- Substitution to safer chemicals
- Real-life cases
- Safer alternatives for bisphenol A
Safer alternatives for bisphenol A
Credit card slips, bank receipts, logistics labels, cash register tickets or fax paper have something in common: bisphenol A or BPA. In 2014, France proposed to restrict the use of BPA in thermal papers and launched a website to support companies in finding safer alternatives.
With the French proposal, the search of alternatives substances or techniques started. Dr Aurélien Gouzy of INERIS, the French national competence centre for industrial safety and environmental protection, is working to make the substitution of BPA a reality through a dedicated support website that promotes safer alternatives for the substance.
“We have been very active on BPA in France since 2012, when our government published a national strategy on endocrine disrupters. In line with the strategy, in 2014, the minister of environment asked large distributors and banks to make a voluntary commitment to use bisphenol free thermal paper. INERIS was asked to help in developing ‘BPA-free label’, which could be issued to every company with a BPA-free policy”, Dr Gouzy explains.
The website project ‘SNA-BPA’ was kicked off in 2012 as an early reaction to the potential restriction. The site provides operational support for companies interested in solutions to substitute bisphenols (BPA, BPS and BPF) in French and English. In addition to the use of BPA in thermal paper, it helps companies to find safer alternatives for BPA in polycarbonate, epoxy resins, food containers and several other applications.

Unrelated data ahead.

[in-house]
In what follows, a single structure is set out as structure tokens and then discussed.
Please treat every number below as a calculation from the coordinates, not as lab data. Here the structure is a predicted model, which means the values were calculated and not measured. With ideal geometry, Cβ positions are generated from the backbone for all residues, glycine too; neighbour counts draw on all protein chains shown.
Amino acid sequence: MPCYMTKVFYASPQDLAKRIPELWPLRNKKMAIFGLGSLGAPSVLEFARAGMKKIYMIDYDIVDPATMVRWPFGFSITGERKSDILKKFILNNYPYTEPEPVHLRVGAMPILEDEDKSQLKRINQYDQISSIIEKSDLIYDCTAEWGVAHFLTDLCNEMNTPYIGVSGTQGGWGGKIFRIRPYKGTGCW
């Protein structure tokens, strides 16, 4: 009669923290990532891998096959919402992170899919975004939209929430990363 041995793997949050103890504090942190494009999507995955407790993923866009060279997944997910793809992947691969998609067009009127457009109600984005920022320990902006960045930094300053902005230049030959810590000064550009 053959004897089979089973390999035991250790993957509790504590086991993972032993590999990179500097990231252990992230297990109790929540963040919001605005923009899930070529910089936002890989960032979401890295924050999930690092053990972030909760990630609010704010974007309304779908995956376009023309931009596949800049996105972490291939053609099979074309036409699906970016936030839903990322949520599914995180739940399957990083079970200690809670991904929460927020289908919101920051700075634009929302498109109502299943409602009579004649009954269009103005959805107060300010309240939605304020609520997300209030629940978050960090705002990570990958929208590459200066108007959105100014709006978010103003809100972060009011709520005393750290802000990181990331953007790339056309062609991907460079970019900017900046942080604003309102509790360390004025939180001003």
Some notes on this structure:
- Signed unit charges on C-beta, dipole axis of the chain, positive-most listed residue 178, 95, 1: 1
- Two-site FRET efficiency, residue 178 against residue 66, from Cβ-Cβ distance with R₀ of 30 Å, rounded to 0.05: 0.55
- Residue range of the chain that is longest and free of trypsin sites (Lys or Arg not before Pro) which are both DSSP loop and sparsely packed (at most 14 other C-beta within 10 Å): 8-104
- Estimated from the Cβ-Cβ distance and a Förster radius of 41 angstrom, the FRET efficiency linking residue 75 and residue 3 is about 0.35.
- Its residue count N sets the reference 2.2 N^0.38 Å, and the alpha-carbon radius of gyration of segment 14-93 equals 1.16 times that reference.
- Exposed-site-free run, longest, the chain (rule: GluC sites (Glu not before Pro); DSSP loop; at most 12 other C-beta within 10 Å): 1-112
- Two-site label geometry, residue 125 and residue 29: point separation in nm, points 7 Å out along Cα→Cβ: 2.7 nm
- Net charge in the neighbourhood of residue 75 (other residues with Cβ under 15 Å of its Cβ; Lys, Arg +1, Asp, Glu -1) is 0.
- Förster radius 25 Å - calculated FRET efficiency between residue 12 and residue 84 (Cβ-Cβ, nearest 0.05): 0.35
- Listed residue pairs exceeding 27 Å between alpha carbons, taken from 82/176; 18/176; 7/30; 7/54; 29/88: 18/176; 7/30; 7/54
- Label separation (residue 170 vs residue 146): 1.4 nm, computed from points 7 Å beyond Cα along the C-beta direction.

“Users of the webpage can exchange ideas and information with each other on bisphenols. We encourage industry to share relevant information with us”, Dr Gouzy says.
One stop shop
With over 1 000 visits a month worldwide, the site offers latest news about substitution of BPA, technical documents, frequently asked questions and reports, as well as information on the current regulatory framework. Users can also find resources relating to other bisphenols, such as BPS.
“The FAQ page is regularly updated and reflects the key points that emerge from the information exchange on BPA alternatives. We keep track of the most frequently asked questions and post the answers given by our experts. If needed, third parties help us to draft the answers,” Dr Gouzy points out.
Plans for the future: phthalates
INERIS’ efforts to help companies in substituting dangerous chemicals do not stop with bisphenol. “In 2017, we will launch a similar site on one of the substances from the phthalate family,” Dr Gouzy mentions.
“We hope that our ambitious and innovative initiative will be useful for companies worldwide and will foster substitution. Our website could be taken as an example and the idea used for other substances as well – all for the benefit of European competitiveness and innovation.”